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Mediterranean Climate
A Mediterranean climate
Mediterranean climate
/ˌmɛdɪtəˈreɪniən/ or dry summer climate, is the climate typical of areas in the Mediterranean Basin. The Mediterranean climate
Mediterranean climate
is usually characterized by rainy winters and dry, warm to hot summers. While the climate receives its name from the Mediterranean Sea, an area where this climate is commonplace, it is also present in other areas of the planet, although with variations in the distribution of temperatures
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Italian Language
Italian ( italiano (help·info) [itaˈljaːno] or lingua italiana [ˈliŋɡwa itaˈljaːna]) is a Romance language. Italian is by most measures, together with the Sardinian language, the closest tongue to vulgar Latin
Latin
of the Romance languages.[7] Italian is an official language in Italy, Switzerland, San Marino, Vatican City
Vatican City
and western Istria
Istria
(in Slovenia
Slovenia
and Croatia). It used to have official status in Albania, Malta
Malta
and Monaco, where it is still widely spoken, as well as in former Italian East Africa
Italian East Africa
and Italian North Africa regions where it plays a significant role in various sectors
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International Standard Book Number
"ISBN" redirects here. For other uses, see ISBN (other).International Standard Book
Book
NumberA 13-digit ISBN, 978-3-16-148410-0, as represented by an EAN-13 bar codeAcronym ISBNIntroduced 1970; 48 years ago (1970)Managing organisation International ISBN AgencyNo. of digits 13 (formerly 10)Check digit Weighted sumExample 978-3-16-148410-0Website www.isbn-international.orgThe International Standard Book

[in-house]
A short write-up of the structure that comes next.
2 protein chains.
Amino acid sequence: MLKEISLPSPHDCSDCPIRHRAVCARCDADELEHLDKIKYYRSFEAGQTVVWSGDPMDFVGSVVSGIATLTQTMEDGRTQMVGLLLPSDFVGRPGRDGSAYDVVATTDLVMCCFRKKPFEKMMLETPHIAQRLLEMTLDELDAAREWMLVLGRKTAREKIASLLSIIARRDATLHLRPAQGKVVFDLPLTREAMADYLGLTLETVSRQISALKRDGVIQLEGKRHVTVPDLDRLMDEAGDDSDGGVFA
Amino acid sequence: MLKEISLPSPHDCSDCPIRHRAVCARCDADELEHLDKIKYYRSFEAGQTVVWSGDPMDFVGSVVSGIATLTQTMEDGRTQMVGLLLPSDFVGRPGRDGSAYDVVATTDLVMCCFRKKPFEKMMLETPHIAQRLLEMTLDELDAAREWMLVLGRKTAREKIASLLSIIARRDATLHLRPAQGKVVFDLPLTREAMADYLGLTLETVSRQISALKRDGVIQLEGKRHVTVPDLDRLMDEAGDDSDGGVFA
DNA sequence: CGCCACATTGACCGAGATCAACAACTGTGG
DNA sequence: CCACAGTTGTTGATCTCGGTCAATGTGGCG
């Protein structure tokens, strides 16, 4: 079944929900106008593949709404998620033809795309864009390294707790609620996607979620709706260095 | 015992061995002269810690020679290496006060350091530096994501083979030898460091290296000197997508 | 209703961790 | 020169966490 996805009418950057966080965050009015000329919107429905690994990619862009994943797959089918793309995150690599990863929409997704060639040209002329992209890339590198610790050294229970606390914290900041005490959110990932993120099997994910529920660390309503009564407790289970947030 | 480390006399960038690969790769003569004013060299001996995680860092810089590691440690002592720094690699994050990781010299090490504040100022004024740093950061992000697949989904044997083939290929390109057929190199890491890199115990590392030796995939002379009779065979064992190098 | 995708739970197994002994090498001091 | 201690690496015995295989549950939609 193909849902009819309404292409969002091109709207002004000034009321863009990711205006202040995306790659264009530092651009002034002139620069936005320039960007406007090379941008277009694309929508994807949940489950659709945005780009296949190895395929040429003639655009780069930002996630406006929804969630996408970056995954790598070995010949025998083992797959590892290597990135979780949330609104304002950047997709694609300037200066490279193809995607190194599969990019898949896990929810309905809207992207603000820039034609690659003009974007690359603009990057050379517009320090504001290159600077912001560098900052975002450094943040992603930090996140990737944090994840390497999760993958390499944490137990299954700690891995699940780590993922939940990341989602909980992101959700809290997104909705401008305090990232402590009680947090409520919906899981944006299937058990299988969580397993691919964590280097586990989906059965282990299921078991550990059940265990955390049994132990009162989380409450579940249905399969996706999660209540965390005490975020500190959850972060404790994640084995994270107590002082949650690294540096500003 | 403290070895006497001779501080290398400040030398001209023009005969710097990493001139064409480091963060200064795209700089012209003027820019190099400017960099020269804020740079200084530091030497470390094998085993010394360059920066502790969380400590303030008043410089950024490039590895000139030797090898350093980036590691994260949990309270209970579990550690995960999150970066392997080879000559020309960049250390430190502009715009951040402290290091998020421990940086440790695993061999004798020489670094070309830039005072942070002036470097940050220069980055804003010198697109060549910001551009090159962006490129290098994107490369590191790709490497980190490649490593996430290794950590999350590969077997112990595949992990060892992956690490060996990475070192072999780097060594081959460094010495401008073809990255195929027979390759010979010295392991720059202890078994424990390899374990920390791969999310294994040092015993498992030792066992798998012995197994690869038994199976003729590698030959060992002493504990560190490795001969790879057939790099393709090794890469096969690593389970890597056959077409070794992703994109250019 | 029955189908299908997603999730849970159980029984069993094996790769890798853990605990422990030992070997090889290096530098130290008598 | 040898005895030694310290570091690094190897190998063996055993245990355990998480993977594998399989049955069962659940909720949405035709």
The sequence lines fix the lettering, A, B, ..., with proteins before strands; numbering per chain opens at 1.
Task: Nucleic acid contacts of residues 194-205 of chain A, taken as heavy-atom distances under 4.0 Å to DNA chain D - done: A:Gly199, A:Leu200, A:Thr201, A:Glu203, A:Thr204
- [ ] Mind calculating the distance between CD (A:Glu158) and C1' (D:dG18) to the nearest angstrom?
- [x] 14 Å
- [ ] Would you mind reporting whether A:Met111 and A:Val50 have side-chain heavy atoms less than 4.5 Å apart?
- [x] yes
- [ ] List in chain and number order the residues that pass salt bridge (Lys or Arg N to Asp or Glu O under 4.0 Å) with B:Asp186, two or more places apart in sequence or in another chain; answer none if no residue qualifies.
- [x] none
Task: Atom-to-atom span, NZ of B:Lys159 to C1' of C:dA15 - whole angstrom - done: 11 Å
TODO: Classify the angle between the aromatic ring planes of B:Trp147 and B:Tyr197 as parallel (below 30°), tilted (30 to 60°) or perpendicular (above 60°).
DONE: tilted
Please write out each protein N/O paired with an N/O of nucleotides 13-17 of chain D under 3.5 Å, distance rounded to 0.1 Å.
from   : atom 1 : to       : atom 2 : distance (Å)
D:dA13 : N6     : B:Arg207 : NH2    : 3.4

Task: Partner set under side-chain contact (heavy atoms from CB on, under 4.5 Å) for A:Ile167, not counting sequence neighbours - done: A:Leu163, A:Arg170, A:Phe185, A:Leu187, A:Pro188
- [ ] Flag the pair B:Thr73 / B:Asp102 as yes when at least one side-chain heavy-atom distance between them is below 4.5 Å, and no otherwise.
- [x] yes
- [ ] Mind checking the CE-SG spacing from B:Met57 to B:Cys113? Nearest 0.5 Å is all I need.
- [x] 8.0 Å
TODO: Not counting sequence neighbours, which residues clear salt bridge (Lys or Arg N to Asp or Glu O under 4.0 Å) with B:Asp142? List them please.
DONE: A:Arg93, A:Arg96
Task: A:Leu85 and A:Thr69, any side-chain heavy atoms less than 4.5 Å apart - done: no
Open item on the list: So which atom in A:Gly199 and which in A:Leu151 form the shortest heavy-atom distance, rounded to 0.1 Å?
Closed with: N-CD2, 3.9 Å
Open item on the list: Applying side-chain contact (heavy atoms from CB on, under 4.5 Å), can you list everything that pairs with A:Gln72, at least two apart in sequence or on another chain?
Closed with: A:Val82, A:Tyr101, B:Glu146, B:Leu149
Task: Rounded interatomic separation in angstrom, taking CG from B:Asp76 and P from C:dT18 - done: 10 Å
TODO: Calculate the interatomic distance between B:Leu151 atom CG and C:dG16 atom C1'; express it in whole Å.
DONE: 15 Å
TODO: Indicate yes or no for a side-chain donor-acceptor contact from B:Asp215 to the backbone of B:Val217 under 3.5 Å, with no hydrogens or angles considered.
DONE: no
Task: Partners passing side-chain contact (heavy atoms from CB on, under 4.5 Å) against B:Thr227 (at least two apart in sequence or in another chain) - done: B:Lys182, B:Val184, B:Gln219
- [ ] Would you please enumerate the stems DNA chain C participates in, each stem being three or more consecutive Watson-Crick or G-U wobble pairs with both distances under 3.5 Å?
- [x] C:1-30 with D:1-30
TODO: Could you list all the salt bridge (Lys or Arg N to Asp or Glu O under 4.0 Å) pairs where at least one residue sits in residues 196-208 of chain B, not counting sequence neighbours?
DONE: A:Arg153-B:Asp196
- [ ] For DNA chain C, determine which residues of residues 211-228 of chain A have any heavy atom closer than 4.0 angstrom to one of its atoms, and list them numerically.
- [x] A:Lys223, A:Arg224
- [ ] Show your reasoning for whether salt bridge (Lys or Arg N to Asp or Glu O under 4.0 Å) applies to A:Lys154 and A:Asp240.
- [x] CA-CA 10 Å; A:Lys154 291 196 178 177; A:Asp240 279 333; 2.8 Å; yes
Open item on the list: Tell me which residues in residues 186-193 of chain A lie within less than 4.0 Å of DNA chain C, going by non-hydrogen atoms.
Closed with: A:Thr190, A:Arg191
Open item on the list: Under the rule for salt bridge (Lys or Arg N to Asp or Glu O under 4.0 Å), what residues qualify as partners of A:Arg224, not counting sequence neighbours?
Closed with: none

Book
Number (ISBN) is a unique[a][b] numeric commercial book identifier. Publishers purchase ISBNs from an affiliate of the International ISBN Agency.[1] An ISBN is assigned to each edition and variation (except reprintings) of a book. For example, an e-book, a paperback and a hardcover edition of the same book would each have a different ISBN. The ISBN is 13 digits long if assigned on or after 1 January 2007, and 10 digits long if assigned before 2007
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Turkey
Turkey
Turkey
(Turkish: Türkiye [ˈtyɾcije]), officially the Republic of Turkey
Turkey
(Turkish: Türkiye Cumhuriyeti [ˈtyɾcije d͡ʒumˈhuɾijeti] ( listen)), is a transcontinental country in Eurasia, mainly in Anatolia
Anatolia
in Western Asia, with a smaller portion on the Balkan peninsula in Southeast Europe.[7] Turkey
Turkey
is bordered by eight countries with Greece
Greece
and Bulgaria
Bulgaria
to the northwest; Georgia to the northeast; Armenia, the Azerbaijan
Azerbaijan
and Iran
Iran
to the east; and Iraq
Iraq
and Syria
Syria
to the south